Lawsuit claims fatal medication was given to 10 patients

Manufacturer of the anti-psychotic drug in question allegedly knew the risks involved with the medication

Lawsuit claims fatal medication was given to 10 patients

Life & Health

By Lyle Adriano

A federal suit claims that a fatal combination of methadone and an anti-psychotic medication may have led to the demise of 10 patients at Staten Island University Hospital (SIUH) clinics.

The suit also alleges that AstraZeneca, the manufacturer of the anti-psychotic drug Seroquel, knew for years that the medical cocktail could induce an abnormal heart rhythm, but did not warn the public until 2010.

Staten Island Advance reported that Allison Zayas, a former sales representative of the pharmaceutical company from New York, is suing AstraZeneca on behalf of the US government and 27 states.

Notably, SIUH was not named as a defendant in the suit.

In 2009, 10 patients on methadone unexpectedly passed away at SIUH clinics. According to the federal court filing, “the one common denominator for these deaths” was the use of Seroquel, the trade name of the drug quetiapine.

The suit also claimed that at least three SIUH physicians believed Seroquel “played a role” in the casualties.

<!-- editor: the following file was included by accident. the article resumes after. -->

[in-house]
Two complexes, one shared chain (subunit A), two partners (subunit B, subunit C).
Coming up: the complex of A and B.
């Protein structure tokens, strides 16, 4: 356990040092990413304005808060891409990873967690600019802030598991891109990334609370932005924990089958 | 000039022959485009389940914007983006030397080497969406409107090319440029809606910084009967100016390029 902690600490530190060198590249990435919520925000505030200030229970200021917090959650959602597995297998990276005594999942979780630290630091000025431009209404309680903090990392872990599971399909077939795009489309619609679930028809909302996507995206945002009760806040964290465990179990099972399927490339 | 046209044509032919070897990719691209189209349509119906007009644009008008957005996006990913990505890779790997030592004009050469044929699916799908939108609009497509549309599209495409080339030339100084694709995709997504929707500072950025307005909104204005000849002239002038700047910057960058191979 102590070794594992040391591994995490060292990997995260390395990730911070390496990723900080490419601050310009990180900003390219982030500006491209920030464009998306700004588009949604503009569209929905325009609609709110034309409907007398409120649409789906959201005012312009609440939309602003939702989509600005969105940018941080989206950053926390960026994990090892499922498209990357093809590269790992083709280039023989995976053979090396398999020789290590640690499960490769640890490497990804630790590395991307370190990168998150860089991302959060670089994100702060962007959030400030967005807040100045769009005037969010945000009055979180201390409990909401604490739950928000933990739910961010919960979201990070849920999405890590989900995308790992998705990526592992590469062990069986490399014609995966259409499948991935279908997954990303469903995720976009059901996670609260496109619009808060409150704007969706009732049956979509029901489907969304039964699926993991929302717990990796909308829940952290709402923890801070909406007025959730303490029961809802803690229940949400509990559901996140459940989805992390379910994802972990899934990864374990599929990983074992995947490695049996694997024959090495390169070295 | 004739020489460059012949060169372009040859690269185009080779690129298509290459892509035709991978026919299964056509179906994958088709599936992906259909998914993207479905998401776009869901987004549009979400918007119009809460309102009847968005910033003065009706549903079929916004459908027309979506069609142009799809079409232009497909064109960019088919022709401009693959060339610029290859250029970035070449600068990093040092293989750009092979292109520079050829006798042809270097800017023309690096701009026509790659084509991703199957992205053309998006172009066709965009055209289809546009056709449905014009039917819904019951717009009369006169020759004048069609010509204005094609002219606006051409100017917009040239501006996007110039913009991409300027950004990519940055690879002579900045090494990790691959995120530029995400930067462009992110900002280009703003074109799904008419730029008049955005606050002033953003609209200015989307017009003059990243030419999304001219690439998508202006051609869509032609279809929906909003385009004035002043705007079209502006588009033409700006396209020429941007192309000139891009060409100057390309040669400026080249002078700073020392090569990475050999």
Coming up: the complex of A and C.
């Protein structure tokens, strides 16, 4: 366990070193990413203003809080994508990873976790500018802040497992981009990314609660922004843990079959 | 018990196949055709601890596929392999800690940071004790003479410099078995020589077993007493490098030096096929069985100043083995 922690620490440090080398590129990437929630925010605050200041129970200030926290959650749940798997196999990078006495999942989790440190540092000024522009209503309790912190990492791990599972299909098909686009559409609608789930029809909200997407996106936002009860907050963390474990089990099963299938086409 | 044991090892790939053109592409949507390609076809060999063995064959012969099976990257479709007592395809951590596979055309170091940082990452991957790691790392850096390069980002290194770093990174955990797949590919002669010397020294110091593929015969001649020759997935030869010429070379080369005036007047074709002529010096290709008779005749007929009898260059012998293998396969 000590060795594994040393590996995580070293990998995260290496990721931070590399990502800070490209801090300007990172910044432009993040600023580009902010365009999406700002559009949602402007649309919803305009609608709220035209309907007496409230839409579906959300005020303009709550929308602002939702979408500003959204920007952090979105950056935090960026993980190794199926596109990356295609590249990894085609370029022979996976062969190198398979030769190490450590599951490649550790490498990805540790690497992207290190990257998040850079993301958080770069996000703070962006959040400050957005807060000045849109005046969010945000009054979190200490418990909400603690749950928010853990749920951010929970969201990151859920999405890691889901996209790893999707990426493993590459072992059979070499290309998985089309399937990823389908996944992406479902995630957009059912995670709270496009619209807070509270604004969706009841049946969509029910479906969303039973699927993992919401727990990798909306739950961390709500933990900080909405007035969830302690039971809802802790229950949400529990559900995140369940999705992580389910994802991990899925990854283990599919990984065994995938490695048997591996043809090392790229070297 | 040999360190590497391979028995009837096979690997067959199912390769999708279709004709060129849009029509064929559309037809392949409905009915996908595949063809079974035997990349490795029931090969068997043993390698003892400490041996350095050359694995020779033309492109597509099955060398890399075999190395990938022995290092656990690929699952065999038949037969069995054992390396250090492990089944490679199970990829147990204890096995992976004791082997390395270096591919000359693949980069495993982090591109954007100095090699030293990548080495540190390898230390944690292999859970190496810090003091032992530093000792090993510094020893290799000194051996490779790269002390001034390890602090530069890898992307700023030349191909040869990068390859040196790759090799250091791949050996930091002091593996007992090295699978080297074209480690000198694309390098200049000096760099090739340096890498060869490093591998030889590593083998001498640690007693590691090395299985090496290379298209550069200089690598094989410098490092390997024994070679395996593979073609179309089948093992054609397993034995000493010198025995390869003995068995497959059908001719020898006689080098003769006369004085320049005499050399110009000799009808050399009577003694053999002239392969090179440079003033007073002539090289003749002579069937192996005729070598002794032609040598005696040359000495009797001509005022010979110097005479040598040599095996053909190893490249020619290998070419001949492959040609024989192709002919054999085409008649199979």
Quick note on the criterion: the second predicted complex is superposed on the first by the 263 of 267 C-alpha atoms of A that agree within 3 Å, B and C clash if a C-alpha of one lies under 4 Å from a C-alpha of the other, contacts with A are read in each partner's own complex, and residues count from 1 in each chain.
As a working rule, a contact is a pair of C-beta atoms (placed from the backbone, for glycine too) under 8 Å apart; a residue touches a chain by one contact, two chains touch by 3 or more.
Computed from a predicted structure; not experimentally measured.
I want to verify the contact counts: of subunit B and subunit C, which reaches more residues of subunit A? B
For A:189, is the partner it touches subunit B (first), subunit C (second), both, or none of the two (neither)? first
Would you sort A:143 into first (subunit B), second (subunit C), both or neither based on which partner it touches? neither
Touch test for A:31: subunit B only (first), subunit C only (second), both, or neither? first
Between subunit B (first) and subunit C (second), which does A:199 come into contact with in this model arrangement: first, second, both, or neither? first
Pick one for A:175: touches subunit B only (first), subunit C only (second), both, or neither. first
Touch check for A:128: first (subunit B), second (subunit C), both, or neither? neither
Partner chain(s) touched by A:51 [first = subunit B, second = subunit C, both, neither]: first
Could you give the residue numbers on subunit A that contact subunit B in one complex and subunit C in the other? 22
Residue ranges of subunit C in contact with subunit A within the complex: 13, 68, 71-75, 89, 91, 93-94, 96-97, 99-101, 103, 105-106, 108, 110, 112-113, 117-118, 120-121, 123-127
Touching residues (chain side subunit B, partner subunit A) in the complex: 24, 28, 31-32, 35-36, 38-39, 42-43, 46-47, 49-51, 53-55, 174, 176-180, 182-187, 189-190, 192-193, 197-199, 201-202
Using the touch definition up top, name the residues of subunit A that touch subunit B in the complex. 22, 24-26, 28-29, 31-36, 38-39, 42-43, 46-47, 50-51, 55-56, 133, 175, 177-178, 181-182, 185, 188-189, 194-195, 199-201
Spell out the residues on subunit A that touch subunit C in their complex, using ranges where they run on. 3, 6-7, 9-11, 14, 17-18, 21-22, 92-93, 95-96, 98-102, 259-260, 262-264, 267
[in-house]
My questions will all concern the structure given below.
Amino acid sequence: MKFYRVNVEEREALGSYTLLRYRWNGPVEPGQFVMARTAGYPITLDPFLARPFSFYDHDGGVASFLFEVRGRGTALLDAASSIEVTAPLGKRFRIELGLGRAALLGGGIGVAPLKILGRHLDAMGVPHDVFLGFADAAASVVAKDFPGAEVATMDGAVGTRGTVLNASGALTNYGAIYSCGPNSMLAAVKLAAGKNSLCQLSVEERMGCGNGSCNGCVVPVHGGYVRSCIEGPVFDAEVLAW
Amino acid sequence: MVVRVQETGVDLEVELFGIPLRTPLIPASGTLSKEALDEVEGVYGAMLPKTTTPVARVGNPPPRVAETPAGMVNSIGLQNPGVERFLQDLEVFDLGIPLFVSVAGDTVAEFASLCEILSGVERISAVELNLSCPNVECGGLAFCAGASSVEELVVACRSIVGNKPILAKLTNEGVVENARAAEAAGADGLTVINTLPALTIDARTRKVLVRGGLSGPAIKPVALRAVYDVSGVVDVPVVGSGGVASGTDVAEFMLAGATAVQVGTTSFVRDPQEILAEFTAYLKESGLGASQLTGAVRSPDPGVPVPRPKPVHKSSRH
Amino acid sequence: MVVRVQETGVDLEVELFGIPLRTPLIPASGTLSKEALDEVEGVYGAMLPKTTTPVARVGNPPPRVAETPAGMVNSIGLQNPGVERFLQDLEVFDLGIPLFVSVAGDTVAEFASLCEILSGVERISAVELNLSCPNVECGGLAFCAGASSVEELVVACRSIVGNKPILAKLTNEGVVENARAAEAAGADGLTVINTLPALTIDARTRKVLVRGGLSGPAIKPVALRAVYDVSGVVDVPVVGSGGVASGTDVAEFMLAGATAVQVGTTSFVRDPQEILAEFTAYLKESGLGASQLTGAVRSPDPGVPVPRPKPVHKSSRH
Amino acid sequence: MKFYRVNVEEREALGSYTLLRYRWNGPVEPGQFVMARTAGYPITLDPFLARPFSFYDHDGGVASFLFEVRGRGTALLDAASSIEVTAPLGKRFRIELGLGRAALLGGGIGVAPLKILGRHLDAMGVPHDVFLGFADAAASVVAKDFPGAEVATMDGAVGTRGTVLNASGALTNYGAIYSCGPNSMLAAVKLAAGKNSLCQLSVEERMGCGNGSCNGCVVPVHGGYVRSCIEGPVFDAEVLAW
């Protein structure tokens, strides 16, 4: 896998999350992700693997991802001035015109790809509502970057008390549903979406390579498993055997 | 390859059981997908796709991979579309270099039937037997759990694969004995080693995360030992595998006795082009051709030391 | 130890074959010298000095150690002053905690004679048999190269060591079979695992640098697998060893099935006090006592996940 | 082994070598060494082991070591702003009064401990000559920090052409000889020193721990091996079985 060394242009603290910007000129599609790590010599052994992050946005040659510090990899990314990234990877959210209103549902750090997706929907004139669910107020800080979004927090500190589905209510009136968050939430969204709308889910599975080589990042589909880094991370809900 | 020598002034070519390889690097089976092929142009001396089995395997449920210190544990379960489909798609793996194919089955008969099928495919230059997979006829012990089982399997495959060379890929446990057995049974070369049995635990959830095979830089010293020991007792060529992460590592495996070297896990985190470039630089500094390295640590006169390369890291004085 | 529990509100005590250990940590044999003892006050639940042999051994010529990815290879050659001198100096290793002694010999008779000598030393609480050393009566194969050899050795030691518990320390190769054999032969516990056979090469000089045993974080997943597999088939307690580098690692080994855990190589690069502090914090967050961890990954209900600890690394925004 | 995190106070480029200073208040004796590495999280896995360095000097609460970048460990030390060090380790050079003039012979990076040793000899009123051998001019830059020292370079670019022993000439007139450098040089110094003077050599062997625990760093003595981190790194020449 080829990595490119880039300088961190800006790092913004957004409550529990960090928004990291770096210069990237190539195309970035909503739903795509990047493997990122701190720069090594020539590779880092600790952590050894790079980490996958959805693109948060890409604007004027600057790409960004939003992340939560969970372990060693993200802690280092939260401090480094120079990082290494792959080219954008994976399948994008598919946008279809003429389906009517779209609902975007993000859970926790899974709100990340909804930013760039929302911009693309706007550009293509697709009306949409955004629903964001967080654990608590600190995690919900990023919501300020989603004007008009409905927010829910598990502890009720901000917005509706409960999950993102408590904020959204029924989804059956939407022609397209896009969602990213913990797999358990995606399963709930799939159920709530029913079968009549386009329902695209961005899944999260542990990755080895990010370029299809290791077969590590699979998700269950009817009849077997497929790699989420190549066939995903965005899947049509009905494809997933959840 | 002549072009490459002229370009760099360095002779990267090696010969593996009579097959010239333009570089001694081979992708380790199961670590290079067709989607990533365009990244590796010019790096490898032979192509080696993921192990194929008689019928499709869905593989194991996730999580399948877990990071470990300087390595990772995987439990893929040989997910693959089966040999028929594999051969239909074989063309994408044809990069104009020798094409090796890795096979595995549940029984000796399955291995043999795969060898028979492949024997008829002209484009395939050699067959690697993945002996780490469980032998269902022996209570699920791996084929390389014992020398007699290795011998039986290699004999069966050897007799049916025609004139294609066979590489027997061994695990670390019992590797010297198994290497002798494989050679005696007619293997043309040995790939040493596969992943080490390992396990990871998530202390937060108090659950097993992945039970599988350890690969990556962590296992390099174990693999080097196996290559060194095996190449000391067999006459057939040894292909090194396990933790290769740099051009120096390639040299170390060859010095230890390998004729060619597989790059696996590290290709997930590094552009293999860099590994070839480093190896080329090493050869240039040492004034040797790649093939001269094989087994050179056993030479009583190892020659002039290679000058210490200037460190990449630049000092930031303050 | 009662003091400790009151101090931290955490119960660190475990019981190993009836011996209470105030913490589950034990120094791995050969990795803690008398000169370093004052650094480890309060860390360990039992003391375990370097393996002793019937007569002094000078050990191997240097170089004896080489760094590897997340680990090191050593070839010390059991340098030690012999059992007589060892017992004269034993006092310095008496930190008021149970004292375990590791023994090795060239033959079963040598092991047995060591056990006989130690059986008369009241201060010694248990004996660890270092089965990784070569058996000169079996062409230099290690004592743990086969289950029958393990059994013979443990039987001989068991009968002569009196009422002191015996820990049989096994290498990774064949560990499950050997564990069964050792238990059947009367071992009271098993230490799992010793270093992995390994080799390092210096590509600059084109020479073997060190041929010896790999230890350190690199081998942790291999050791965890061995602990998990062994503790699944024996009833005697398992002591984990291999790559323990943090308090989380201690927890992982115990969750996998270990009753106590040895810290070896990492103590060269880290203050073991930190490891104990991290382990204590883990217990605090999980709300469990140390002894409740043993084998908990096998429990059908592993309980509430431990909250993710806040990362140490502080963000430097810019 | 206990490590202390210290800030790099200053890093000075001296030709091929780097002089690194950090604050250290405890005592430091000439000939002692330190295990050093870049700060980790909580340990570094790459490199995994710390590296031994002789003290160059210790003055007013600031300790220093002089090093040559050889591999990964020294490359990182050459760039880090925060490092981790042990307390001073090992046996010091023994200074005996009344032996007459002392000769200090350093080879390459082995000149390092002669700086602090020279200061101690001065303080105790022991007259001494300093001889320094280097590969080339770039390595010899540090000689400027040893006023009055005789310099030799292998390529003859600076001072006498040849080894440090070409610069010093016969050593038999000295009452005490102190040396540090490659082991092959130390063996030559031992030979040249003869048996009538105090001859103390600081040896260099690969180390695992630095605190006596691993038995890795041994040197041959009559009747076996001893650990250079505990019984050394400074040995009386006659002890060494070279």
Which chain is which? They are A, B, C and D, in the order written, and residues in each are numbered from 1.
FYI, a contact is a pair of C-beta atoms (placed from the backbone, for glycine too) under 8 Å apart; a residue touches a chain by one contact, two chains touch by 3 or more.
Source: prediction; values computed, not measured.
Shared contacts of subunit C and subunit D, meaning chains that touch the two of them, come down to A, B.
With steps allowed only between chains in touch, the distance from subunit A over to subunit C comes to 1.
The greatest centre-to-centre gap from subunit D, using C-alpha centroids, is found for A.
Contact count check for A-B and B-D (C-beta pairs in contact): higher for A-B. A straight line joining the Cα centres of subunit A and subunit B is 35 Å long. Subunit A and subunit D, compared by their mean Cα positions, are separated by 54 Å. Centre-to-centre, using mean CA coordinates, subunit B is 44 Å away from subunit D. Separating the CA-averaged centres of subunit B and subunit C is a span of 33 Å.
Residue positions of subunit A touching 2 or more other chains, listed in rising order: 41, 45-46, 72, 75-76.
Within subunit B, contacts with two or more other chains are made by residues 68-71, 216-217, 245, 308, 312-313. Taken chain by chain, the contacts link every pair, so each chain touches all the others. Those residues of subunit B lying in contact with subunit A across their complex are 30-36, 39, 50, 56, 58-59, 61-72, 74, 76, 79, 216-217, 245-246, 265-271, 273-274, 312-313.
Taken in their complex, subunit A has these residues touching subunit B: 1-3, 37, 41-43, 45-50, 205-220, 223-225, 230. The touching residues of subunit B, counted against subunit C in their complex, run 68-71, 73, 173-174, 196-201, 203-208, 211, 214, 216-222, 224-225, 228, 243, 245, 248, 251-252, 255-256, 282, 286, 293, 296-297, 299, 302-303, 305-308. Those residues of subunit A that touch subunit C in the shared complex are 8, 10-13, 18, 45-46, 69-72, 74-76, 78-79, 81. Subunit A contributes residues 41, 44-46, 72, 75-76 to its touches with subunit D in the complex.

The hospital, however, has disputed the claims.

“The patient cases referred to by whistleblower date back more than seven years. There were no definitive findings that the deaths mentioned in the whistleblower complaint were caused by a combination of Seroquel and methadone,” Northwell Health chief public relations officer Terry Lynam told Staten Island Advance.

“As for the three clinicians who are mentioned in the complaint, they were never involved in the care of addiction patients,” Lynam added. “It’s important to keep in mind that the allegations contained in the lawsuit are not based on validated testimony or court evidence.”

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